Tina tiptoed into 7-year-old Jack’s room, checking his toy-packing progress. He was leaving in two days to spend the summer with his dad—three states away. Jack sat on the edge of his lower bunk, hugging his teddy bear, tears running down his cheeks.
“Jack, what’s wrong?”
“I don’t want to leave you,” he replied, reaching for his mom. Tina sat down and drew him close.
“I know. But you’ll have fun with Dad and your stepmom. They love you, and they’re excited you’re coming.”
For kids, the thought of leaving one parent to visit the other one for the summer can be gut-wrenching. While not all kids face the same fears, a little preparation can ease the transition.
Validate his feelings. Is he worried about leaving friends here or making friends there? Does he want to go, yet doesn’t want to leave? Remind your child that it’s normal to experience mixed feelings.
Help your child understand how things might be different in the other home. Perhaps he will have a different bedtime, mealtimes and chores. Other rules may be different, too. He will need to be flexible. Let him know you understand that adjusting can be tough, but you also know he can do it.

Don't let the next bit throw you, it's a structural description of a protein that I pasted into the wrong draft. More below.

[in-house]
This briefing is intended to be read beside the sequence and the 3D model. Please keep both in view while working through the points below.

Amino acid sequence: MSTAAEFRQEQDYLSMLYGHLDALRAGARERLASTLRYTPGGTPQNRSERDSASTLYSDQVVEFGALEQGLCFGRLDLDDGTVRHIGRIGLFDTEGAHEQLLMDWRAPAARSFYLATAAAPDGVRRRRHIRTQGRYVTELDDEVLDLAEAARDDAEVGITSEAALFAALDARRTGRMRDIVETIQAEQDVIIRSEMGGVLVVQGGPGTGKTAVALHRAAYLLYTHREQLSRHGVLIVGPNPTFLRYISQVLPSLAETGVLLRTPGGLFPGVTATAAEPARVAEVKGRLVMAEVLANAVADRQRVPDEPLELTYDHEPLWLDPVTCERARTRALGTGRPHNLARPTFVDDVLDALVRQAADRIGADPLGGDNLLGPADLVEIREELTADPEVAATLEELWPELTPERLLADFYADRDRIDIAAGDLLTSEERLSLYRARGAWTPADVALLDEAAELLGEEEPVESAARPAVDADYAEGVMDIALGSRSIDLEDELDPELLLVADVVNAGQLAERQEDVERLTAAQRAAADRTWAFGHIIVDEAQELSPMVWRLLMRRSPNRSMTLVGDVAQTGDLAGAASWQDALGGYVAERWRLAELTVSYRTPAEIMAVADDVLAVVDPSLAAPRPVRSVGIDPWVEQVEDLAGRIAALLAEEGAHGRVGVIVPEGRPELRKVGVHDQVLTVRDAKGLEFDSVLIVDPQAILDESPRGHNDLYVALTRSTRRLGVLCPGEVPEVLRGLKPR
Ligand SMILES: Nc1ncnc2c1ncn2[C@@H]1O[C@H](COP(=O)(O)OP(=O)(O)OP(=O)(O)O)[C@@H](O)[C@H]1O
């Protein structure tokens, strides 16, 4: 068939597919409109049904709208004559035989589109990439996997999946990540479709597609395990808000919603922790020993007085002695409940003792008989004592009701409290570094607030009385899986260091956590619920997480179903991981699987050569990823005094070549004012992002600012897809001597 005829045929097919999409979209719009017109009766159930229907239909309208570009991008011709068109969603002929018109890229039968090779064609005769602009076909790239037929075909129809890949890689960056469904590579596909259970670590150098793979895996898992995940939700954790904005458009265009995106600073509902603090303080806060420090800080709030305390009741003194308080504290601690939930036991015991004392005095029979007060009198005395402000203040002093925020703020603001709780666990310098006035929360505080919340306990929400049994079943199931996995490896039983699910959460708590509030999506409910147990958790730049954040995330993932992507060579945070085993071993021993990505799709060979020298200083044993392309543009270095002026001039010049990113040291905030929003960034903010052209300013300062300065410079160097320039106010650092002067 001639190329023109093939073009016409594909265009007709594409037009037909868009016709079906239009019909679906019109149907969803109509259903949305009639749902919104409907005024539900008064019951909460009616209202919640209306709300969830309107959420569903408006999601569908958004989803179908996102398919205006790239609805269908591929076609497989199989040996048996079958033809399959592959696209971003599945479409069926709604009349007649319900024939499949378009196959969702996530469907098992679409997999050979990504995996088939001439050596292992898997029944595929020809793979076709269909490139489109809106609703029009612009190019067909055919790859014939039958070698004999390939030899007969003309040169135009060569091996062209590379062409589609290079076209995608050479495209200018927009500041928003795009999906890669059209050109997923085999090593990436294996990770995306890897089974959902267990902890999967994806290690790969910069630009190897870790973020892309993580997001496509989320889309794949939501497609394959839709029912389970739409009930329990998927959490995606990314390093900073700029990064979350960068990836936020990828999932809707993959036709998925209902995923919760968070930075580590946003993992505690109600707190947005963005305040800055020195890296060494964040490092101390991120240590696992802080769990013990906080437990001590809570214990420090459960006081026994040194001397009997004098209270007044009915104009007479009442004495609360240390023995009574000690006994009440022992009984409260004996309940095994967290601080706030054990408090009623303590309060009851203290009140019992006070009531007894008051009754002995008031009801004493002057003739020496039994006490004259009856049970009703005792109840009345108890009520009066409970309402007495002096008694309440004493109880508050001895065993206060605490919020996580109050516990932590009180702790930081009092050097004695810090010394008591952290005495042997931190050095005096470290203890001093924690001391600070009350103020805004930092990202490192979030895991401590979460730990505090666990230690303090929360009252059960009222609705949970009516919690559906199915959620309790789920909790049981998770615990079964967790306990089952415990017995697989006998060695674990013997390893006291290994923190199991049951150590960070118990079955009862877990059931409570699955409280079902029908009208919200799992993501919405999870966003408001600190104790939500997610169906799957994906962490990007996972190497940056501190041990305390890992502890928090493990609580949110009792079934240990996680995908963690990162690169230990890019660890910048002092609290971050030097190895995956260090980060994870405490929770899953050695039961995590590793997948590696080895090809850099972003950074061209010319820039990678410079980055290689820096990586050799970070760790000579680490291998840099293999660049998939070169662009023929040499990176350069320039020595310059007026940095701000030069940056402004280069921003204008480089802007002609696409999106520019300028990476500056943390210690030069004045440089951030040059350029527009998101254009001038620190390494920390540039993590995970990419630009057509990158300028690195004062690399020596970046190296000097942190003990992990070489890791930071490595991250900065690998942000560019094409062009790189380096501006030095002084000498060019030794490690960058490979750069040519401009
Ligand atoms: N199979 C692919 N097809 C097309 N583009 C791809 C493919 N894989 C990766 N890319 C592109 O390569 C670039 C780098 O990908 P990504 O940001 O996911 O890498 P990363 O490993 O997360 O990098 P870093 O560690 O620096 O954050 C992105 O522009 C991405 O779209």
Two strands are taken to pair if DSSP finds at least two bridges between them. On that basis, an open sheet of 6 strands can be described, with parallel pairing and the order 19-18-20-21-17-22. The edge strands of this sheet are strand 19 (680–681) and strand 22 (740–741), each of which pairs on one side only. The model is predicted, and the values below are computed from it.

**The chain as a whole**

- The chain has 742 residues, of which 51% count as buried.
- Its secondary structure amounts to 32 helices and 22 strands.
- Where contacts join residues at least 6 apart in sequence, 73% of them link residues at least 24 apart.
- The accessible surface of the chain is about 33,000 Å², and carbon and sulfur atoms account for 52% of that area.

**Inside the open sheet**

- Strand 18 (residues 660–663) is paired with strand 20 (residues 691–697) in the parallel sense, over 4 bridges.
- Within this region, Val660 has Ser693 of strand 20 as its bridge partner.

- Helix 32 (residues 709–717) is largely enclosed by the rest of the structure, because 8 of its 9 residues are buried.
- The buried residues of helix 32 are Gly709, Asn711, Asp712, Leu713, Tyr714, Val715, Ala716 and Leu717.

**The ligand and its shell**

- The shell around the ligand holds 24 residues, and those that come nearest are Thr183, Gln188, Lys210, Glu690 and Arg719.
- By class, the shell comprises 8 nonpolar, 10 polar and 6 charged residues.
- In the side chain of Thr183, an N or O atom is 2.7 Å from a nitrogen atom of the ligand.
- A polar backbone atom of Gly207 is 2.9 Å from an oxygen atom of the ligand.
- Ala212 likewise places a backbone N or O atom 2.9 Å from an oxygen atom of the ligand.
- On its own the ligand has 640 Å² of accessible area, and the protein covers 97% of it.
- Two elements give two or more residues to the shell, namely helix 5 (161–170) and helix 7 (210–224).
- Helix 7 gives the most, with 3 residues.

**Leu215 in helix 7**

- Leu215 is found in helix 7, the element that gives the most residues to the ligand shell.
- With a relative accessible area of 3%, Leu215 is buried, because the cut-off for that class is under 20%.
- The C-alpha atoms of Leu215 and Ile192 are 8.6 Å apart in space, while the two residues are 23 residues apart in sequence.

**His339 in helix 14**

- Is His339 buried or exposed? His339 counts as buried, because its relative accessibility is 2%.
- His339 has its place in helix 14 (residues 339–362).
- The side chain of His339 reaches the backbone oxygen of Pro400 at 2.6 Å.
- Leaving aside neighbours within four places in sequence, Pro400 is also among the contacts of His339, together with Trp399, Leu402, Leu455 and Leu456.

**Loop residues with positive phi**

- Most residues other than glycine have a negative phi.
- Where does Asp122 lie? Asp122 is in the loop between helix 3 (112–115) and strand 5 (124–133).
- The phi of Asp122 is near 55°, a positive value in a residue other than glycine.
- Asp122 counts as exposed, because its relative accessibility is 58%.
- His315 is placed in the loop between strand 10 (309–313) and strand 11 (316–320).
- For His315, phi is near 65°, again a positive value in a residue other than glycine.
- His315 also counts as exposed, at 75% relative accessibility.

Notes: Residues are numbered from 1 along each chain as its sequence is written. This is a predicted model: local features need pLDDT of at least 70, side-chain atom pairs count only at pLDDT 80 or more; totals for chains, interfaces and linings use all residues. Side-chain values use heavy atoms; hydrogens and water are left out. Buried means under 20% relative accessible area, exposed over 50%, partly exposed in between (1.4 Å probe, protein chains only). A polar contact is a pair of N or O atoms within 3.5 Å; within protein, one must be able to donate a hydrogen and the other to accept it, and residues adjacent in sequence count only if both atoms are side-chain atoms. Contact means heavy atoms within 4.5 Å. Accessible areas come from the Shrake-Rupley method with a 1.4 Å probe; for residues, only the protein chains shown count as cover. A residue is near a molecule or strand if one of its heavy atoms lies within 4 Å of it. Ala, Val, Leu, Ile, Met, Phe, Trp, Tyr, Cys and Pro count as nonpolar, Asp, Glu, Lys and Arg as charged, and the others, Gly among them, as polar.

Remind him that it may take a few days to adjust. Assure him it’s OK to feel unsettled at first. A little homesickness doesn’t mean he will be unhappy the whole summer. If the feeling persists, however, encourage him to discuss it with his other parent. And if anything (especially inappropriate behavior) causes him to feel uncomfortable, instruct him to tell you immediately.
Prepare your child for potentially difficult issues he may face in the other home. Discuss how your child could respond when a stepsibling accuses him of spoiling the summer or resents having to share a bathroom. Role-play specific scenarios, if necessary.
If the idea of packing off your child for the summer leaves you feeling discouraged, remember you can trust God to care for your child—and your heart. And then let your support system encourage you.